The group wanted to be sure that the adoption of the phone booth was as respectful as possible to the community, knowing that it could be seen as a coopting of space. “There is a communication happening on the booth currently through graffiti and stickers, so we want to be aware of that,” shared Starr. “There is a sense that we’re colonizing it and taking it over. We’re going into this with awareness that we want to respect that it is a place for public discourse right now and we’re going to be modifying that discourse.”

“We want to make the conversation more intentional, more focused and more powerful,” added Mattix. “Honestly most people don’t even see it. It’s basically camouflaging into the bulletin board right now. We want to give it more presence and allow it to really occupy space again.”

Most people don't even realize the phone booth is there. "It’s basically camouflaging into the bulletin board right now," shared Christen Mattix. "We want to give it more presence and allow it to really occupy space again.” Photo credit: Sara Holodnick.
Most people overlook the phone booth, but that will soon change. Photo credit: Sara Holodnick.

But they also want to encourage new and emerging writers, especially those not often represented in the local arts scene, to submit their work to the contest. They’re doing this by keeping a very low participation barrier. The only thing poets have to do to submit their work is to email it to the organizers during their open call for submissions.

“Hopefully it’s a really low-risk way for emerging poets to participate in a dialogue,” shared Christen. “They don’t have to pay a submission fee, they don’t have to pay for stamps, and it’s local. Hopefully that is less intimidating.”

The group will display a new poem every three months starting in March. Poems will be chosen by the organizers via a poetry contest for writers living in Whatcom County. They all agreed that it’s going to be very difficult to pick a winner, so they will be publishing runners-up on the website to help give them exposure. “There’s just so much great talent here in town,” shared Laws.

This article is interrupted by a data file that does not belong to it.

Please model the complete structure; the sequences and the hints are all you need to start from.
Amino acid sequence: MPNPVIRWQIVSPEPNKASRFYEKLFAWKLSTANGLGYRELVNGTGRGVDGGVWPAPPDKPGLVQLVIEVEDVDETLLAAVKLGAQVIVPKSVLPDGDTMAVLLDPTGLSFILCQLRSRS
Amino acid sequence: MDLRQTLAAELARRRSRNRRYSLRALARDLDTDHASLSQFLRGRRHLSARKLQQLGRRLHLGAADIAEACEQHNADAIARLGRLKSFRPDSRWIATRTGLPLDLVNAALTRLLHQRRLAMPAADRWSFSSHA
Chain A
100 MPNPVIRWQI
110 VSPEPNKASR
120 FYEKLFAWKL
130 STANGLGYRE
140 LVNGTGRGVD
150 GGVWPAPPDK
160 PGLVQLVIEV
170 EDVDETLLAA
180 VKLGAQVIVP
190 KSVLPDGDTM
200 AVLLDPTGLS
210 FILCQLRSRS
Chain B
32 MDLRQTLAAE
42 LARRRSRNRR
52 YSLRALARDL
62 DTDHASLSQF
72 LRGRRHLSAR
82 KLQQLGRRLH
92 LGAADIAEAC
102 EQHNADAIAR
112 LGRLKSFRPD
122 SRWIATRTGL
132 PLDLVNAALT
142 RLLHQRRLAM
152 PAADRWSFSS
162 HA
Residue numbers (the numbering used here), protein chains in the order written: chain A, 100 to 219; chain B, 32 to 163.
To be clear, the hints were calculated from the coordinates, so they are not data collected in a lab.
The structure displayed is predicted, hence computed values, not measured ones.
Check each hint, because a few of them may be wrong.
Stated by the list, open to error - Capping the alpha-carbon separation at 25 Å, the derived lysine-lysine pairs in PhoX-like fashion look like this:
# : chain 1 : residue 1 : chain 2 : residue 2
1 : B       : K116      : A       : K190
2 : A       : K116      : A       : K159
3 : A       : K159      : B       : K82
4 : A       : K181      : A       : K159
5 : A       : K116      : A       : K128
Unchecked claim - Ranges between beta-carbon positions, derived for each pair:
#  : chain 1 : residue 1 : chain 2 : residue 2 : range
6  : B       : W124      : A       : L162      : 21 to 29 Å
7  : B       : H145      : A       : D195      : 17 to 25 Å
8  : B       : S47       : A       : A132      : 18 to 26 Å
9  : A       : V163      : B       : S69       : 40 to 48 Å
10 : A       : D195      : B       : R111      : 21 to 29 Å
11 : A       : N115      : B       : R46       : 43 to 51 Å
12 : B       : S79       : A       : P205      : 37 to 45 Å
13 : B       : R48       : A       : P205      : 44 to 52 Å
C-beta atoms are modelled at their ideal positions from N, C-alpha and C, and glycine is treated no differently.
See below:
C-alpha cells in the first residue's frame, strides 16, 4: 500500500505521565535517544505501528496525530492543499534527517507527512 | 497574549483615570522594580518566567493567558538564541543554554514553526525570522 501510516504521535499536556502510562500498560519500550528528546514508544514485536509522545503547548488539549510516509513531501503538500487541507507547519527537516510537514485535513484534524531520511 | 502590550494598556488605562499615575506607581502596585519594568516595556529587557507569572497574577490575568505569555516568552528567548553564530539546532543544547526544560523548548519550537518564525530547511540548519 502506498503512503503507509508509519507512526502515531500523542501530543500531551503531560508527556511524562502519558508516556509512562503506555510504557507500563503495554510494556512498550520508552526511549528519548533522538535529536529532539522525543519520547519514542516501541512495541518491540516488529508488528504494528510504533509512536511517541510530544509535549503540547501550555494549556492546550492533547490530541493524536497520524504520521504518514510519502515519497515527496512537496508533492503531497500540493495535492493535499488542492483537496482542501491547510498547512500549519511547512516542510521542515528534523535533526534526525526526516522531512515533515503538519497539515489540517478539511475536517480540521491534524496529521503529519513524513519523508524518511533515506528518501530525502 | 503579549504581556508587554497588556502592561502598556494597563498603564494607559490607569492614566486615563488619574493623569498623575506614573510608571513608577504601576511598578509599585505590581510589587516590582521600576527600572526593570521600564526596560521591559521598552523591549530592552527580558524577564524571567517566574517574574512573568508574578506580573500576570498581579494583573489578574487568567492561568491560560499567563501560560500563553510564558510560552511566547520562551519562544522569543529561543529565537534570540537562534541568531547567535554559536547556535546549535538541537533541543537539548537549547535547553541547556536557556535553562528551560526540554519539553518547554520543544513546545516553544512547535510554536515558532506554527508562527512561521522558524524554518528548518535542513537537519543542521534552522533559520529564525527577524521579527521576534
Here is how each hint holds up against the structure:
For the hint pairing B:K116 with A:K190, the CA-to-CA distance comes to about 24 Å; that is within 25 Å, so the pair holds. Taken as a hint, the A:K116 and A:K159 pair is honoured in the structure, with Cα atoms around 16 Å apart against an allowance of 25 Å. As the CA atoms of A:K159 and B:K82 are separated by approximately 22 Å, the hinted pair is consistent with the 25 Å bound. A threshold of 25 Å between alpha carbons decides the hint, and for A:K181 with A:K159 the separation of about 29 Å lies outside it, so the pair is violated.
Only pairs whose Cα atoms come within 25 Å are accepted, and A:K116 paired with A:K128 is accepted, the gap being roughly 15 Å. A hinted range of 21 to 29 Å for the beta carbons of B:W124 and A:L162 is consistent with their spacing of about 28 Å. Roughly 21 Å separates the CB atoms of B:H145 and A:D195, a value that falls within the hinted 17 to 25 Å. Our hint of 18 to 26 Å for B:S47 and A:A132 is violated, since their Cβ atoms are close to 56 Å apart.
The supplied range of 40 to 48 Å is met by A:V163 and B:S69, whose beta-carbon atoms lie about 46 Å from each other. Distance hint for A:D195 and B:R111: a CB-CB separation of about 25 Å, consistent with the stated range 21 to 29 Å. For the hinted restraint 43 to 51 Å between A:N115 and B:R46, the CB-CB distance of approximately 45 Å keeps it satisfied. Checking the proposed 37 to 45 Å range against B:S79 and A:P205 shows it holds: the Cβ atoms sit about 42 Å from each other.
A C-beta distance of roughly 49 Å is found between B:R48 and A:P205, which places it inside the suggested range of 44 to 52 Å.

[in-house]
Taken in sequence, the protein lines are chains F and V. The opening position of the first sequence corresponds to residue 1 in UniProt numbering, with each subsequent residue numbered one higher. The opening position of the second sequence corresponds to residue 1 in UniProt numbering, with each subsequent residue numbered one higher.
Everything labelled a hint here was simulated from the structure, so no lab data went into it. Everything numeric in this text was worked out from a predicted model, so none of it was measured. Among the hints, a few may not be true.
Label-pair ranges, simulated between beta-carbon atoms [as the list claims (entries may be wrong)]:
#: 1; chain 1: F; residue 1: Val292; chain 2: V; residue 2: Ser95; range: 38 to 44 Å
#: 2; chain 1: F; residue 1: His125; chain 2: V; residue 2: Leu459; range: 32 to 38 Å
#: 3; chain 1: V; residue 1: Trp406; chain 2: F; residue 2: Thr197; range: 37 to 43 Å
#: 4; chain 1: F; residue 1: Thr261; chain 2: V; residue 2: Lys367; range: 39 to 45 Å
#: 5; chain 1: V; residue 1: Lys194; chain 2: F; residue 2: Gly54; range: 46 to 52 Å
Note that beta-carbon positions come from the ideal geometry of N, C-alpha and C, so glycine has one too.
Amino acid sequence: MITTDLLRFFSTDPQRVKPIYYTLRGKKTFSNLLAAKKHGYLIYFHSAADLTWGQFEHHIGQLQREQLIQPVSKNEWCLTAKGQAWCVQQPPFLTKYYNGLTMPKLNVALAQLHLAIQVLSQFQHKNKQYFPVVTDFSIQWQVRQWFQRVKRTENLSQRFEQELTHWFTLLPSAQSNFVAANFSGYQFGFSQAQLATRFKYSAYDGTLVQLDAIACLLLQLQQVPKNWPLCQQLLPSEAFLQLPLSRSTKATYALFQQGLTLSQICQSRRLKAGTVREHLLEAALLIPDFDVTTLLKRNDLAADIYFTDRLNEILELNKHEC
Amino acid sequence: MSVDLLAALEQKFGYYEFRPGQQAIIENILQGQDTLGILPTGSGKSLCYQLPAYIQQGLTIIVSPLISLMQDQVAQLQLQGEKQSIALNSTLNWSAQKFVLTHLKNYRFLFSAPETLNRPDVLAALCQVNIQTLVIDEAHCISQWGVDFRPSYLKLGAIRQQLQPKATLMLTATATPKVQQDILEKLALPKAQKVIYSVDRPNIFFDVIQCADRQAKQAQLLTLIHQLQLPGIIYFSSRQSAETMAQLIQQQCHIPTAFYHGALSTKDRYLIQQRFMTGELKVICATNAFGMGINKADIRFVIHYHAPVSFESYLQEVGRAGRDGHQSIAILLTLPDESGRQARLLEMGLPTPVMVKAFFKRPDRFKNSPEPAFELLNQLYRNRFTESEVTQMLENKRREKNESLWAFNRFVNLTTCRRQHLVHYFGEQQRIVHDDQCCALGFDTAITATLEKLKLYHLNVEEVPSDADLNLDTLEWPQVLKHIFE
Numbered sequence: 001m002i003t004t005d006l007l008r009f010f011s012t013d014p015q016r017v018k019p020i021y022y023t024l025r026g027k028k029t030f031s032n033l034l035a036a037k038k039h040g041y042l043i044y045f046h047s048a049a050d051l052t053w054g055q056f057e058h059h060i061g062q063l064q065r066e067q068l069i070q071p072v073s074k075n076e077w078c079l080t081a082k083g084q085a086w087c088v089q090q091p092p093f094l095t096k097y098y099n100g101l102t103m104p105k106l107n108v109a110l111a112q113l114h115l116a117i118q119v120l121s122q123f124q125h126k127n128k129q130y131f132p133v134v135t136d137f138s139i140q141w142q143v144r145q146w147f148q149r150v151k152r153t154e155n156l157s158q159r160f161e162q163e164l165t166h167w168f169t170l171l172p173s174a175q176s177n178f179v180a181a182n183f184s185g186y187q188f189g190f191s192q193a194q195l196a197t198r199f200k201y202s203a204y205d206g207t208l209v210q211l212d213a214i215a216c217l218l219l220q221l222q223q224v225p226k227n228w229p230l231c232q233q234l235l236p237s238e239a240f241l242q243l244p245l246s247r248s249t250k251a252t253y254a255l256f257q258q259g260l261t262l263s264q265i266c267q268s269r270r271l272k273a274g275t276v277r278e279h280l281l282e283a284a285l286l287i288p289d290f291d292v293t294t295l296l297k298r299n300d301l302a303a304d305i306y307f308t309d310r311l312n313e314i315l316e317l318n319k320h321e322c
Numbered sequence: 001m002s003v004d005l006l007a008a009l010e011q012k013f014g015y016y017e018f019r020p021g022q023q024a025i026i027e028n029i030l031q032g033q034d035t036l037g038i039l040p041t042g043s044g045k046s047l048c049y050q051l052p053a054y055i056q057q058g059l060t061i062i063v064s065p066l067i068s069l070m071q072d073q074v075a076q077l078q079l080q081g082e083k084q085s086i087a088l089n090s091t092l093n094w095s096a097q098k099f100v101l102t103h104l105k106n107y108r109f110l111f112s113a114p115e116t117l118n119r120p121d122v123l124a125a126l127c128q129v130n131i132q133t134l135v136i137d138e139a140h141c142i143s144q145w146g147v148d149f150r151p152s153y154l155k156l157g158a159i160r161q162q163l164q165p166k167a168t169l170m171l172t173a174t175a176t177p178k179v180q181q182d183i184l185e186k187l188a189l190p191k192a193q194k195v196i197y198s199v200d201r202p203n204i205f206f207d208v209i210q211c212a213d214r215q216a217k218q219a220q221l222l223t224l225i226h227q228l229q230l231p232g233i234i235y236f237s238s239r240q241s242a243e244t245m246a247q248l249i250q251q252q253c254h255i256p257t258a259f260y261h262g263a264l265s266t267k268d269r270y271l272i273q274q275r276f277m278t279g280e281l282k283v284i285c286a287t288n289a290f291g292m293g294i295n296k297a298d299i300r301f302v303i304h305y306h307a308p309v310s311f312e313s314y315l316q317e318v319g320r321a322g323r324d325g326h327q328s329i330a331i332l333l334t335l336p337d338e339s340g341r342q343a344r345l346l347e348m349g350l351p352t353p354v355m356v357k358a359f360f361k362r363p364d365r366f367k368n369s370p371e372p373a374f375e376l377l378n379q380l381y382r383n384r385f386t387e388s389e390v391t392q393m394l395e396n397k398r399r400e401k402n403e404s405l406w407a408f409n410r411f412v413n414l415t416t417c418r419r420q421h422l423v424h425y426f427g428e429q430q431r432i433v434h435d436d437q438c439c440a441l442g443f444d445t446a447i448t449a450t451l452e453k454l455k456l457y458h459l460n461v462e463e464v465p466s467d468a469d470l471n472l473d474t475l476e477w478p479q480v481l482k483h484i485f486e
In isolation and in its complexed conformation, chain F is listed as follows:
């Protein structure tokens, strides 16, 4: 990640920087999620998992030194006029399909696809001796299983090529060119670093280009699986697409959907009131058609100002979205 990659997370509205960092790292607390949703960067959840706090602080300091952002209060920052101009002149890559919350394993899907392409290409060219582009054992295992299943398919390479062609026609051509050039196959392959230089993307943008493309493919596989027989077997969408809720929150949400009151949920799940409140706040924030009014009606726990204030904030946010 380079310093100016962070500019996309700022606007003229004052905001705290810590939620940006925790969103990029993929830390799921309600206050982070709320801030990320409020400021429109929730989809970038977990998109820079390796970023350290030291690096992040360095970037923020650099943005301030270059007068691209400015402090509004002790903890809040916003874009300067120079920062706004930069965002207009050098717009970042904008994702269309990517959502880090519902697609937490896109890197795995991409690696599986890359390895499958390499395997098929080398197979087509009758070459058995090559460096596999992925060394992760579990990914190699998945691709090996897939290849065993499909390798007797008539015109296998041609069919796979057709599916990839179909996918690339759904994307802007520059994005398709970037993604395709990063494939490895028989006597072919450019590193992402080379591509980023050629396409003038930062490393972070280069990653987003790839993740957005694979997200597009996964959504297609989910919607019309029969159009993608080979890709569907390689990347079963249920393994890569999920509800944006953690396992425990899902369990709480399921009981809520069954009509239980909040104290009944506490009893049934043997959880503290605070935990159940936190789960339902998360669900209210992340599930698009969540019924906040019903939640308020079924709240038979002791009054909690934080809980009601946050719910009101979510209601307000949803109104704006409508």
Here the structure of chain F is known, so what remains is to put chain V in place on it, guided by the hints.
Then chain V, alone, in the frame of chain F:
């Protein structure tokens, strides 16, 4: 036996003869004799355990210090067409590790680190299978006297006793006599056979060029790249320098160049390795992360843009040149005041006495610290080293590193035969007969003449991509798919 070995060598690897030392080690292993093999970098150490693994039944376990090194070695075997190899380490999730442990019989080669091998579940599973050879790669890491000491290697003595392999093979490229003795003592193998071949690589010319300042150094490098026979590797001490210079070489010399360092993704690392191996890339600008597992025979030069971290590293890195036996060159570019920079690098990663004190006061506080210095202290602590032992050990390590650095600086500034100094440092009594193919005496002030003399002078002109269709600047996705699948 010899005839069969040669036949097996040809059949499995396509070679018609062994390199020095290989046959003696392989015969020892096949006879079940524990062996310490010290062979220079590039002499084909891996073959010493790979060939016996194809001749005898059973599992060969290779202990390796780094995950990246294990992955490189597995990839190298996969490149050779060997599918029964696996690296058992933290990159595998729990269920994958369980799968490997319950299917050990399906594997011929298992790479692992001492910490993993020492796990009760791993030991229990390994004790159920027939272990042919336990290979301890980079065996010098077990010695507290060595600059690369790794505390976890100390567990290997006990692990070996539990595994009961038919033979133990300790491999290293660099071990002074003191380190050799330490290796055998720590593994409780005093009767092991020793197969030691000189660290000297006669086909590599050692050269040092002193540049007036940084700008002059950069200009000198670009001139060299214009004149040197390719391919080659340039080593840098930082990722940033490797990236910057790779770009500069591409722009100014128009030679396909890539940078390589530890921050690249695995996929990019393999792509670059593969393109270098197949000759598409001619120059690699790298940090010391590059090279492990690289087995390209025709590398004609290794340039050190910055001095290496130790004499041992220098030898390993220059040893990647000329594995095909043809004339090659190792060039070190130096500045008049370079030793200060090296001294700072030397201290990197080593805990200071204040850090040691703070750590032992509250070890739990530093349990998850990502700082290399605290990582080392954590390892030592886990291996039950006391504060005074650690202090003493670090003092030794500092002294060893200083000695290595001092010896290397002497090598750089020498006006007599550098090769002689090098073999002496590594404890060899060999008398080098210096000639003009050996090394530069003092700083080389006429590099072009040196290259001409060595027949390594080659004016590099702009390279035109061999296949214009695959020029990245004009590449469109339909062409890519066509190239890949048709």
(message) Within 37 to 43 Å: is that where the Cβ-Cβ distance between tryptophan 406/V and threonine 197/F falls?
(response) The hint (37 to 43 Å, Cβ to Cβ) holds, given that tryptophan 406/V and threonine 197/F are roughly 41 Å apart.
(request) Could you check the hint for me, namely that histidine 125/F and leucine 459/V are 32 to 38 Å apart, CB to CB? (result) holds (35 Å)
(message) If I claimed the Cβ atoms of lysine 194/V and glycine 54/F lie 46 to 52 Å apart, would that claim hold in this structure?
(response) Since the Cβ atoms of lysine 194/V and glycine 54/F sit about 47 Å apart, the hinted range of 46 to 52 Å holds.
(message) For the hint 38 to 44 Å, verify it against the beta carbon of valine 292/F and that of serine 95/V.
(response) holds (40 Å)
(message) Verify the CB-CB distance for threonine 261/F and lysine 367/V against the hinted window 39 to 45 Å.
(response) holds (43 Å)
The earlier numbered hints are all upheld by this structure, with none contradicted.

The group wants the booth to be a space for brightness and positivity. The idea that someone running errands downtown might find a glimmer of hope there excites them. They understand that artists have an important role in an ever-changing world to help us tend to our culture.

“There is a communication happening on the booth currently through graffiti and stickers, so we want to be aware of that,” shared Summer Starr. Photo credit: Sara Holodnick.
The group wants to be sensitive to the communication already happening on the phone booth through graffiti and stickers. Photo credit: Sara Holodnick.

“We’re actually tending to our community through this project,” shared Summer. “This is creating some safe space to express who we are.”

“Somebody could just walk by one day and have the words touch them,” added Laws. “Maybe not the whole poem, maybe just a line. If that happens one time it’s worth it.” When asked what fellow artists can do to help tend to culture, Laws had a simple answer, “Whatever your art is, you need to turn up the volume.”

If you’re interested in submitting poetry, or just want to keep up with the project, the group strongly encourages you to sign-up for the Poem Booth Newsletter on their website so you don’t miss a thing. If you missed the Kickstarter but want to support their ongoing efforts, you can donate to the Poem Booth project anytime.